Taking the Lead The Royal Australian Air Force 1972 – 1996 by Mark Lax Newport – Book Review

This is the third volume in a series of official histories of the RAAF. Chris Coulthard-Clark’s Third Brother took the Service from its inception to 1939. Alan Stephens’ Going Solo covered 1946 to 1971 with two volumes of the Official Histories of the Second World War detailing that conflict.

Mark Lax Newport, NSW: Big Sky Publishing, 2020 Hardback 755pp. RRP $34.99

The 25-year coverage of these volumes is an easily comprehensible period. The time gap between 1996 and now enables a good balance between capturing the memories of those who served in that period and avoiding the probability of clashes of opinion based on personalities. In this volume that balance has produced a fascinating, very readable and valuable account of the RAAF’s considerable advances in this quarter century.

Dr Lax has written a well-constructed book which is excellent value for money. It has not been written as an equipment-dominated volume as perhaps could have been expected of an equipment-intensive service. Nor is it a pilot-led book. Instead, its structure – organisation, personnel, equipment and operations – provides a coverage that is lucid and logical.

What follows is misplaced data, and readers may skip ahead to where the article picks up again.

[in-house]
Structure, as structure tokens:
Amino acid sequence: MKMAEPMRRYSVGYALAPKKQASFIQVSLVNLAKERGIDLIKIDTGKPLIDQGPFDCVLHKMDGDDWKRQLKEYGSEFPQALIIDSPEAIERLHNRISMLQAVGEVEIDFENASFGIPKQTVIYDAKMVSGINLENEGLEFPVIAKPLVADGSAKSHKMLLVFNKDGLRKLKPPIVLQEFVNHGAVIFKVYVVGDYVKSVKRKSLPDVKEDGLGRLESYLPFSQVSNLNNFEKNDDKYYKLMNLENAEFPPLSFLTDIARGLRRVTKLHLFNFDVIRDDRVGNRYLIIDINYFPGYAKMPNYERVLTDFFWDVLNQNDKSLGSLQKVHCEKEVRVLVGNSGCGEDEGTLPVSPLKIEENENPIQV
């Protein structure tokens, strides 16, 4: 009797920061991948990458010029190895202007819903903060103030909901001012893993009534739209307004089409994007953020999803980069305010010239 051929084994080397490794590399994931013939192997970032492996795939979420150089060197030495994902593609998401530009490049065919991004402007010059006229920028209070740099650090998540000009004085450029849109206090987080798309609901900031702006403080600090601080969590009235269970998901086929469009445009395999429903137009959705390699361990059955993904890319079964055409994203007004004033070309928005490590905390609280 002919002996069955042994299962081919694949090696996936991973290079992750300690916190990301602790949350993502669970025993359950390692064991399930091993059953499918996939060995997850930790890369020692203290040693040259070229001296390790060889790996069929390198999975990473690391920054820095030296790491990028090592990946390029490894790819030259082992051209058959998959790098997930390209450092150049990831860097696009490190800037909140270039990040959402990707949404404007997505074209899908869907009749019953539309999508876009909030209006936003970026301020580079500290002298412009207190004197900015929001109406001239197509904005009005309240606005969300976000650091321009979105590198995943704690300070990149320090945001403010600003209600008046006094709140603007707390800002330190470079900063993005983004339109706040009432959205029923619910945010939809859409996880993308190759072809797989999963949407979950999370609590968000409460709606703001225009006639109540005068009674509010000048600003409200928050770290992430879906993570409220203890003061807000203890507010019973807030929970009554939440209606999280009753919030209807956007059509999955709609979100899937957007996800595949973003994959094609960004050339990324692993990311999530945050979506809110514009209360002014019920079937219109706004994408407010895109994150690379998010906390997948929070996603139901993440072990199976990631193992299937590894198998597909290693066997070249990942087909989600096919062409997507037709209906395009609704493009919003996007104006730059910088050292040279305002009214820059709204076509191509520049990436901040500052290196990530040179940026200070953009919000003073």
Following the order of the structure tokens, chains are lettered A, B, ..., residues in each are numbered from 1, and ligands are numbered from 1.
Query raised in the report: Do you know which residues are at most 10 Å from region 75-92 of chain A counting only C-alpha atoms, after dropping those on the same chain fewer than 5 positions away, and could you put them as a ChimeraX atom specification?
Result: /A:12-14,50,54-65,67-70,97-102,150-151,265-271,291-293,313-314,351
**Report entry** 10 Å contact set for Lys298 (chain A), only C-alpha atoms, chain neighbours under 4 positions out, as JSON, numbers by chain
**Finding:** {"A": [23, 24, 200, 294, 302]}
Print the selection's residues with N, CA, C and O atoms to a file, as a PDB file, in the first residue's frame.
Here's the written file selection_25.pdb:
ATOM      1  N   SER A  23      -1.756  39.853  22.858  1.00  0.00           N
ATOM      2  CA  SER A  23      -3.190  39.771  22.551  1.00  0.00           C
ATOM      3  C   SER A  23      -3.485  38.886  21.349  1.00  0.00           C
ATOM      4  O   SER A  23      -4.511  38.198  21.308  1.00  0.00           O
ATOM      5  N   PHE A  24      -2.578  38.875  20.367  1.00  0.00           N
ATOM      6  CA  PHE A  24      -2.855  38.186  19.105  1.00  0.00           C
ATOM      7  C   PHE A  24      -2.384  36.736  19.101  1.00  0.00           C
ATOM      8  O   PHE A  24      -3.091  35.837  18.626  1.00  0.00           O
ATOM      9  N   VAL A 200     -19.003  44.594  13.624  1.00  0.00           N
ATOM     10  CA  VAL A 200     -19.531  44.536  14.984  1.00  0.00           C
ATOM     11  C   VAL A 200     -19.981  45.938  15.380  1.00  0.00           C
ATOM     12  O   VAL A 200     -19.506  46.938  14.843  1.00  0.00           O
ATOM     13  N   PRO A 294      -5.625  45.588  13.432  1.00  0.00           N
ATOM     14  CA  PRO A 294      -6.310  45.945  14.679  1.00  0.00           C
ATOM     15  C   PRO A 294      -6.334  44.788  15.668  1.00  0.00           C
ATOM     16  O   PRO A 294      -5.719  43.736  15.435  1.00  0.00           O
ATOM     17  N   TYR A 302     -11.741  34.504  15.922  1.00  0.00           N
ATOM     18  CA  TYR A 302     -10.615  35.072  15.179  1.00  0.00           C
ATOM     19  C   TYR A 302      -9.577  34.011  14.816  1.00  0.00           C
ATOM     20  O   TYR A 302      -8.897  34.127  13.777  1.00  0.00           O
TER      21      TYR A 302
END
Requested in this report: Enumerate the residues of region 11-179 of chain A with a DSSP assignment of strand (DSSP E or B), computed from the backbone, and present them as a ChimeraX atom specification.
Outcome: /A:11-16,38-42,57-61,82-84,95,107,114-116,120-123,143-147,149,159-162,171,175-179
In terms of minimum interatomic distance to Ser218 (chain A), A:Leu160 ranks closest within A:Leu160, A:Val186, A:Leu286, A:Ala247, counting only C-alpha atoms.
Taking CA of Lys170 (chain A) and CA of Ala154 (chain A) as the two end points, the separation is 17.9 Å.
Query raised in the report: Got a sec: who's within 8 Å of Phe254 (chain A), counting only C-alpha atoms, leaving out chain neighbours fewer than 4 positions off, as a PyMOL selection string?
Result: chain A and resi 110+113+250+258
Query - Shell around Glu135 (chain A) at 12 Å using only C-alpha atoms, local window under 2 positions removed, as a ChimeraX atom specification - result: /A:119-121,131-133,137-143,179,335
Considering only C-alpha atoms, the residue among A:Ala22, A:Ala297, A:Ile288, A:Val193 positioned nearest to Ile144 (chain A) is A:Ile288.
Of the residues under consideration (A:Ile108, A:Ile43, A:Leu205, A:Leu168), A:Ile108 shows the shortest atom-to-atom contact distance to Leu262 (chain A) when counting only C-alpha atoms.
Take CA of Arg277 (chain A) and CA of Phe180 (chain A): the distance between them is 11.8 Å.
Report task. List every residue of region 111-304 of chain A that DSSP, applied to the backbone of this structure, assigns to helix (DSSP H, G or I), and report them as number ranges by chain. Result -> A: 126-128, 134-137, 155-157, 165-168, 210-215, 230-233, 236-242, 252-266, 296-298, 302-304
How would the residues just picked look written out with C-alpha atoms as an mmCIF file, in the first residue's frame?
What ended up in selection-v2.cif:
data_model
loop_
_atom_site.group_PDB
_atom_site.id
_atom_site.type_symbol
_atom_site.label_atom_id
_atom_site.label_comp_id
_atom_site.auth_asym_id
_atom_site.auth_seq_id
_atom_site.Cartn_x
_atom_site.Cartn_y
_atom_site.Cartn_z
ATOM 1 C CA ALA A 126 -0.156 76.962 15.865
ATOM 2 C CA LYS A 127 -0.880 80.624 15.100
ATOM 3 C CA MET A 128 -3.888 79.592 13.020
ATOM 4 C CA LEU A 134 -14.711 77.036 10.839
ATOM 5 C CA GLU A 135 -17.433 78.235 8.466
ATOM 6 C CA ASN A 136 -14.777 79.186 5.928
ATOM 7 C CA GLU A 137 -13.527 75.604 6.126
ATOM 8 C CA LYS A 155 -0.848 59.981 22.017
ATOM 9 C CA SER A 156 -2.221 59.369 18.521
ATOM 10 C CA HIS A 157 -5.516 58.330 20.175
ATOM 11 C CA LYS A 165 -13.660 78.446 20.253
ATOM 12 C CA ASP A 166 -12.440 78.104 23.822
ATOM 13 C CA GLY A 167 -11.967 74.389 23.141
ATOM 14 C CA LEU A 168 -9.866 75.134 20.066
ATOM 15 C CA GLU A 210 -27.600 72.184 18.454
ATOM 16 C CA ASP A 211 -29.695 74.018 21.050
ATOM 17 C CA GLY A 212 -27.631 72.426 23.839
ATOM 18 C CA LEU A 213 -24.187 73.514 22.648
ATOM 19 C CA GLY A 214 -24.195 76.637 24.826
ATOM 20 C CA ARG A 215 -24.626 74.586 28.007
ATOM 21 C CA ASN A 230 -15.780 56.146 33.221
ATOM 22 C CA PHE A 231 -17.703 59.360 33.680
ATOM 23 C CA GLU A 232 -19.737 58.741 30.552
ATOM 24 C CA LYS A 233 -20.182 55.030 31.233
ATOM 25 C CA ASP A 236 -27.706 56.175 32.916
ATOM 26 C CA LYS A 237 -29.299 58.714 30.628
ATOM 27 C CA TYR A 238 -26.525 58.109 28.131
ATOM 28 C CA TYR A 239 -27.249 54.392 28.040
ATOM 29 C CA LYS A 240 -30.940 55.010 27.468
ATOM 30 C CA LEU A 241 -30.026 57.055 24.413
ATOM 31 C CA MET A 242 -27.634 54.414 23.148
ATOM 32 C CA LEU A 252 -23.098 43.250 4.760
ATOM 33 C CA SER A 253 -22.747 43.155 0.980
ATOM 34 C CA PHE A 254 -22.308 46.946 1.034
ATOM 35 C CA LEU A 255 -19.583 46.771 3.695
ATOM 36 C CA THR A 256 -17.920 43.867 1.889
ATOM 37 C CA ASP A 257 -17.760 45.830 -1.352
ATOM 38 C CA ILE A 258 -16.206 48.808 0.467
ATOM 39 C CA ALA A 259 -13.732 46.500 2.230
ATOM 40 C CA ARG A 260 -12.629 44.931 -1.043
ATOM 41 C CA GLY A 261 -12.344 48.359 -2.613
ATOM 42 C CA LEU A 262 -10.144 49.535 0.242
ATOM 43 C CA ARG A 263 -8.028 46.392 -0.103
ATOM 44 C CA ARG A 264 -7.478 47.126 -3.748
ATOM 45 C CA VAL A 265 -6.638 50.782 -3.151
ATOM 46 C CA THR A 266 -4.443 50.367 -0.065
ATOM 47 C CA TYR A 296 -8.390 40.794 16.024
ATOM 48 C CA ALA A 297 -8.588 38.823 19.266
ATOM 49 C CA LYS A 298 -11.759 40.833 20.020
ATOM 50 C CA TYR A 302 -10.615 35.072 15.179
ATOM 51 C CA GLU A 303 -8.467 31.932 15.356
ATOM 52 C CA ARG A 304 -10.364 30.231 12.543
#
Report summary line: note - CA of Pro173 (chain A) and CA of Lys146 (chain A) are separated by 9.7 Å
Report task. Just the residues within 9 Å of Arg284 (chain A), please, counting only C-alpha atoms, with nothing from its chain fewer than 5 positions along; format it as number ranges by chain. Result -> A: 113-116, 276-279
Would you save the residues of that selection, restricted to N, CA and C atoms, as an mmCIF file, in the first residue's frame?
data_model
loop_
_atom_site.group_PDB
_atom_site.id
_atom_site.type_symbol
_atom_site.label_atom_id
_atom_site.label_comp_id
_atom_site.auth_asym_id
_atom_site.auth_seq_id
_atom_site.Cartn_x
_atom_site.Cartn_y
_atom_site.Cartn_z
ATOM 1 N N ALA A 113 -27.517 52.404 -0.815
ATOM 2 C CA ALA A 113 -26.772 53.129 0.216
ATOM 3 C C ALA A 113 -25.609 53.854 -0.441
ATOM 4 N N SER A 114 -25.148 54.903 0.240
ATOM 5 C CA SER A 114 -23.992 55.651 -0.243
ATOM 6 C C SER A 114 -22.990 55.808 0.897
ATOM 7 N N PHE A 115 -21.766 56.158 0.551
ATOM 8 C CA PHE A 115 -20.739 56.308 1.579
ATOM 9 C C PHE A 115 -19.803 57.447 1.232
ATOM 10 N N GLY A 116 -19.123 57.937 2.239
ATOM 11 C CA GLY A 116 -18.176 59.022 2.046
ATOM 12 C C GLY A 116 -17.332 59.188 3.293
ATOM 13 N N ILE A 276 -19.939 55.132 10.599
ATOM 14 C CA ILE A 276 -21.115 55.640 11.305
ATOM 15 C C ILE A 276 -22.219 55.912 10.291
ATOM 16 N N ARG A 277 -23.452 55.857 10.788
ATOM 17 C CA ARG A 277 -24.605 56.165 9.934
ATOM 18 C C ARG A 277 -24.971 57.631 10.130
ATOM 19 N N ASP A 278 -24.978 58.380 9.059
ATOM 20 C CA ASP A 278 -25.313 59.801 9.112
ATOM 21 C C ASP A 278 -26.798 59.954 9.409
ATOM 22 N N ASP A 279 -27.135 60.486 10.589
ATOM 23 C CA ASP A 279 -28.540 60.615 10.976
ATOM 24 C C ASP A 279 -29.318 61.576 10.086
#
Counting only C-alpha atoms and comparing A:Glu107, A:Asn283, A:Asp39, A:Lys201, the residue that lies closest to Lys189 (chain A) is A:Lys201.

What are the chief impressions from this book? Defence was subjected to a plethora of overlapping and sometimes contradictory reviews: one can only be amazed by the resilience of the services and the department as a result. Clearly in this period the concept of one Australian Defence Force (as opposed to three single services) had yet to mature: the many-way tussle between services, ministers, the department and industry had yet to become a more unified approach. The post-Vietnam loss of helicopters by the RAAF to the army was a wound that had not fully healed.
Mark Lax has made very good use of the access that an official imprimatur gives. The tables and endnotes are extensive and useful. This is a well thought-out book.

A similar book needed for the navy and army. I do look forward to the next volume of this one – presumably 1997 – 2022 – about a fully fifth-generation air force – but I might not be here to do a review!

Reviewed for RUSIV by Michael O’Brien, June 2020

Contact Royal United Services Institute about this article.

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